Do you like sushi? When you go out to a sushi restaurant, do you ever consider where the fish came from, how it was caught, and what chain of events led it to your plate? If you’re the average consumer, probably not, but Bamboo Sushi CEO & Founder Kristofor Lofgren is aiming to change that!
Lofgren was planning a career in environmental law when he happened upon a failing sushi business. Seeing it as an opportunity for reinvention, he bought out the partners and created Bamboo Sushi, a restaurant modeled on sustainability. Unlike many restaurants that have hopped on the green train only to add an inconclusive pledge at the bottom of the menu, Bamboo Sushi has been designed completely around a web of eco-friendliness. This doesn’t come too soon- in 2010, the United Nations calculated that approximately 85% of the world’s fisheries were either overfished or at their limits. In addition, current commercial fishing methods create enormous wastes of life- for every 1 lb of fish that’s kept, 5 lbs are thrown back, including dead dolphins, whales, birds, sharks and sea turtles. Then, 20-45% of the seafood that makes it to gigantic storage facilities becomes inedible because of improper storage and transportation. Such enormous carelessness comes at huge costs- current rates of overfishing, combined with climate change, pollution and habitat destruction will make our oceans entirely devoid of fish by 2048.
Lofgren is fighting overfishing by changing the consumer’s expectations of fish- he wants eaters to know that sustainably caught, healthy fish feels better and tastes better. All of the fish served at Bamboo Sushi come from plentiful populations and are caught selectively, avoiding ecosystem harm. Bamboo Sushi follows the recommendations of institutions such as the Marine Stewardship Council and the Monterey Bay Aquarium, which advise fish consumption decisions based on each species’ capacity. Lofgren also extends his sustainable intentions to other aspects of the dining experience, including using local, grass-fed, free-range, antibiotic-free meats; 100% renewable energy; reusable teak chopsticks; double-flush toilets; biodegradable to-go containers; composting and more. Further, he uses a portion of the restaurant’s proceeds to support protected marine areas where fishing isn’t allowed, such as the 405,000 acre Berry Islands Marine Reserve in the Bahamas.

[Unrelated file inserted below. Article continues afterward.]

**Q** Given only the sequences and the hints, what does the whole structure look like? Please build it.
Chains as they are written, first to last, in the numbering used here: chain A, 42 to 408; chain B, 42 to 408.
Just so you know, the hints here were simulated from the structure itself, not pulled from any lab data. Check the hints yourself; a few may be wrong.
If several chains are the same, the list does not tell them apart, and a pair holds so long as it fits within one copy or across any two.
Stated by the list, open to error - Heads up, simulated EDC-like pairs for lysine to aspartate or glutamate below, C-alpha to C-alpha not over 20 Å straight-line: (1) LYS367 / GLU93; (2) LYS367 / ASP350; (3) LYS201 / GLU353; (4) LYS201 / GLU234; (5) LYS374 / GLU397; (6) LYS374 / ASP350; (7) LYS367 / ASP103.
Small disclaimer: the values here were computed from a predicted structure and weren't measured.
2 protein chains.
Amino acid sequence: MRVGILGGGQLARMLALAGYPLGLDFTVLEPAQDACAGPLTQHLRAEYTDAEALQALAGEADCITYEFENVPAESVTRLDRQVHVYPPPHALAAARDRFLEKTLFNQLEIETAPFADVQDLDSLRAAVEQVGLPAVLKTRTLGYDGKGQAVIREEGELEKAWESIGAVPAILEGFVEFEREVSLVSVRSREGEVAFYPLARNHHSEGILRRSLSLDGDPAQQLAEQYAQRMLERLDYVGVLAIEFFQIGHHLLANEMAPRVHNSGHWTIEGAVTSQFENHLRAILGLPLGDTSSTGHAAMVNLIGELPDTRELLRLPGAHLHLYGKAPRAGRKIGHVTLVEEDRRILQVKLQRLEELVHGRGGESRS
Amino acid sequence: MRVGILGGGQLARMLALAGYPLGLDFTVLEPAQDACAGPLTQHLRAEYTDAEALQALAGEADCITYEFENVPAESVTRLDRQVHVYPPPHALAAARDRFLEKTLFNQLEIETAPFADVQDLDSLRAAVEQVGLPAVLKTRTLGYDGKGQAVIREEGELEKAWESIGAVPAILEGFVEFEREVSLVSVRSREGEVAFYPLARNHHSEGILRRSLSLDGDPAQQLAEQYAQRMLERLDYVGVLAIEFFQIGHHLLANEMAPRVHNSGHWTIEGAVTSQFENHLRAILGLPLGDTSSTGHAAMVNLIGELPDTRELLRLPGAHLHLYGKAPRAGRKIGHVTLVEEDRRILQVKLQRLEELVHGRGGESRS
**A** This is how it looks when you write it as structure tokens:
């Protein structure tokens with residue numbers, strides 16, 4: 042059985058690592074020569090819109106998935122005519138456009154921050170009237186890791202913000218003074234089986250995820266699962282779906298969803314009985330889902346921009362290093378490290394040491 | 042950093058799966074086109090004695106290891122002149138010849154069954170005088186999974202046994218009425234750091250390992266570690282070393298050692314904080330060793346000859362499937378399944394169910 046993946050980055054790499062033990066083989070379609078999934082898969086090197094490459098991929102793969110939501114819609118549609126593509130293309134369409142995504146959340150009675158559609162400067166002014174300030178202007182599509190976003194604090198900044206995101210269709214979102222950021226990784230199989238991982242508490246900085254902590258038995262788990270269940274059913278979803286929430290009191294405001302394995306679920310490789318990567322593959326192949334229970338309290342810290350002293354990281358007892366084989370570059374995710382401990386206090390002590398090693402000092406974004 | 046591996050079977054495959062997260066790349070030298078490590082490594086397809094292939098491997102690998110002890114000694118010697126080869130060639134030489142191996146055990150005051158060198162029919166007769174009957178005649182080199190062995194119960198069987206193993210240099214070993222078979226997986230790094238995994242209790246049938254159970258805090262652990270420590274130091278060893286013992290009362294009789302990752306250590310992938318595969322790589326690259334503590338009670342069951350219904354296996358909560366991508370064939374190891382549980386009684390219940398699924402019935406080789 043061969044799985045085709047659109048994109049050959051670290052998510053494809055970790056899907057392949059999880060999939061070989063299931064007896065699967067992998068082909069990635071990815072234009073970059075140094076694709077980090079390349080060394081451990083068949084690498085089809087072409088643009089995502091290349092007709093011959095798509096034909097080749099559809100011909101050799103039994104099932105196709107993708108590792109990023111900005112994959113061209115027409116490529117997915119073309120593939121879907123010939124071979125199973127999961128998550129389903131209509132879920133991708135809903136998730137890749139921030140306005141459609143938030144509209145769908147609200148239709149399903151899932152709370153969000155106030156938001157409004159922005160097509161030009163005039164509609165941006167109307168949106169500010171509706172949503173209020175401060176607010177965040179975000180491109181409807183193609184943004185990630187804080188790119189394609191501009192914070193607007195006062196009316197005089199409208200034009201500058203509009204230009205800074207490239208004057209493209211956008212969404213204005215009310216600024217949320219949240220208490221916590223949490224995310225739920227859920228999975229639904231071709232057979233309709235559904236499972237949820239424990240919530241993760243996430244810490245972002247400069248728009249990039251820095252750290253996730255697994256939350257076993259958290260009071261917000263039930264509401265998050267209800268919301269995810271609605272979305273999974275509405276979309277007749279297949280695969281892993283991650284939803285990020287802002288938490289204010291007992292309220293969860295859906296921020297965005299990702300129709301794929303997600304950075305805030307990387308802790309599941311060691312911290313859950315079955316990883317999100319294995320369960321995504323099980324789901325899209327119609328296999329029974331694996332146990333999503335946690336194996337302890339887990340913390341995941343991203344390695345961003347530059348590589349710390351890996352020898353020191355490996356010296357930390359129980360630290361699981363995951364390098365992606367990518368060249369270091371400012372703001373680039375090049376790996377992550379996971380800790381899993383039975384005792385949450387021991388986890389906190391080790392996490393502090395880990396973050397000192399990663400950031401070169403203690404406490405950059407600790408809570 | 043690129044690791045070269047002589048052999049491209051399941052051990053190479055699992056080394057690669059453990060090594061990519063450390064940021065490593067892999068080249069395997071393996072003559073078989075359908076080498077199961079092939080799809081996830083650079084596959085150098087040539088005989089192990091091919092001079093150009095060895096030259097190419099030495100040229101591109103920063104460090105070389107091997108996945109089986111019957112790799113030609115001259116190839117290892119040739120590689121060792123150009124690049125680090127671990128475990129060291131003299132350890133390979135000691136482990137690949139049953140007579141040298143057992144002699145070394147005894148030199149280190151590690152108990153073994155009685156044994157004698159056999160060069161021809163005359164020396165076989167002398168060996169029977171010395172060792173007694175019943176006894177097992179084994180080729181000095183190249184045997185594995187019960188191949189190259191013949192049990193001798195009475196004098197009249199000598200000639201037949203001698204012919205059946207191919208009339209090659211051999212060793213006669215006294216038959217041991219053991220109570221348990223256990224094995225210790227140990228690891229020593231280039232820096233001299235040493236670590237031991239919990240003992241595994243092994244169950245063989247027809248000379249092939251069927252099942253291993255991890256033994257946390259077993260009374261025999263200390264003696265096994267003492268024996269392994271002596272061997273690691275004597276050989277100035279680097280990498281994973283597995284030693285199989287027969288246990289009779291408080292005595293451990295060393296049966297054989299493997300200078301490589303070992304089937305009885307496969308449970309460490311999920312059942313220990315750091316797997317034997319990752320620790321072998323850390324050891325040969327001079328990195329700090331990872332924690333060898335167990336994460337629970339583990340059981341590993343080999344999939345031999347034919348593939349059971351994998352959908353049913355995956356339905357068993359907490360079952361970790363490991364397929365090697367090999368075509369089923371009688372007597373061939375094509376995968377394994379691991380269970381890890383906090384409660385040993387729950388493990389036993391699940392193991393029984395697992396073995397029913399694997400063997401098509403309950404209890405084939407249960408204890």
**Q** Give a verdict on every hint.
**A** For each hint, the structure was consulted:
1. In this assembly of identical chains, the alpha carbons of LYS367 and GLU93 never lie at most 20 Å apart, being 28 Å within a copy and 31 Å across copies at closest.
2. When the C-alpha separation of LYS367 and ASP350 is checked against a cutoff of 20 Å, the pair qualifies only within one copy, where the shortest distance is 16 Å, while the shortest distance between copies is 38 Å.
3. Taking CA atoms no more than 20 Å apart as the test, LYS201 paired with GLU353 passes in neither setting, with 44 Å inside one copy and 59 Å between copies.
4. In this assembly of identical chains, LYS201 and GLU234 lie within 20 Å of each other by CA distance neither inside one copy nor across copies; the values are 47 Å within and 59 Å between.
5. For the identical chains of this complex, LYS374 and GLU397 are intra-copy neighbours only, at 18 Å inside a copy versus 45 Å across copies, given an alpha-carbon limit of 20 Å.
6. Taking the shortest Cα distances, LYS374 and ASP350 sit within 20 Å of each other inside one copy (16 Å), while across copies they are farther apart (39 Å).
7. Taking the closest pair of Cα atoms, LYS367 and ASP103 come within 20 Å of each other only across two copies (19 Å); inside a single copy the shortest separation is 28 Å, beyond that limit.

As for any nay-sayers who doubt Bamboo Sushi’s implements are cost-effective, the restaurant is doing quite well! They’ve expanded with a 2nd location and were voted one of the country’s best 10 sushi restaurants by Bon Appetit Magazine. Perhaps that proves Lofgren’s point: eating with a conscience is better!
For more information on sushi’s effects on the planet, watch The Story of Sushi (below):
Also, check out Seafood Watch Recommendations for your region of the country!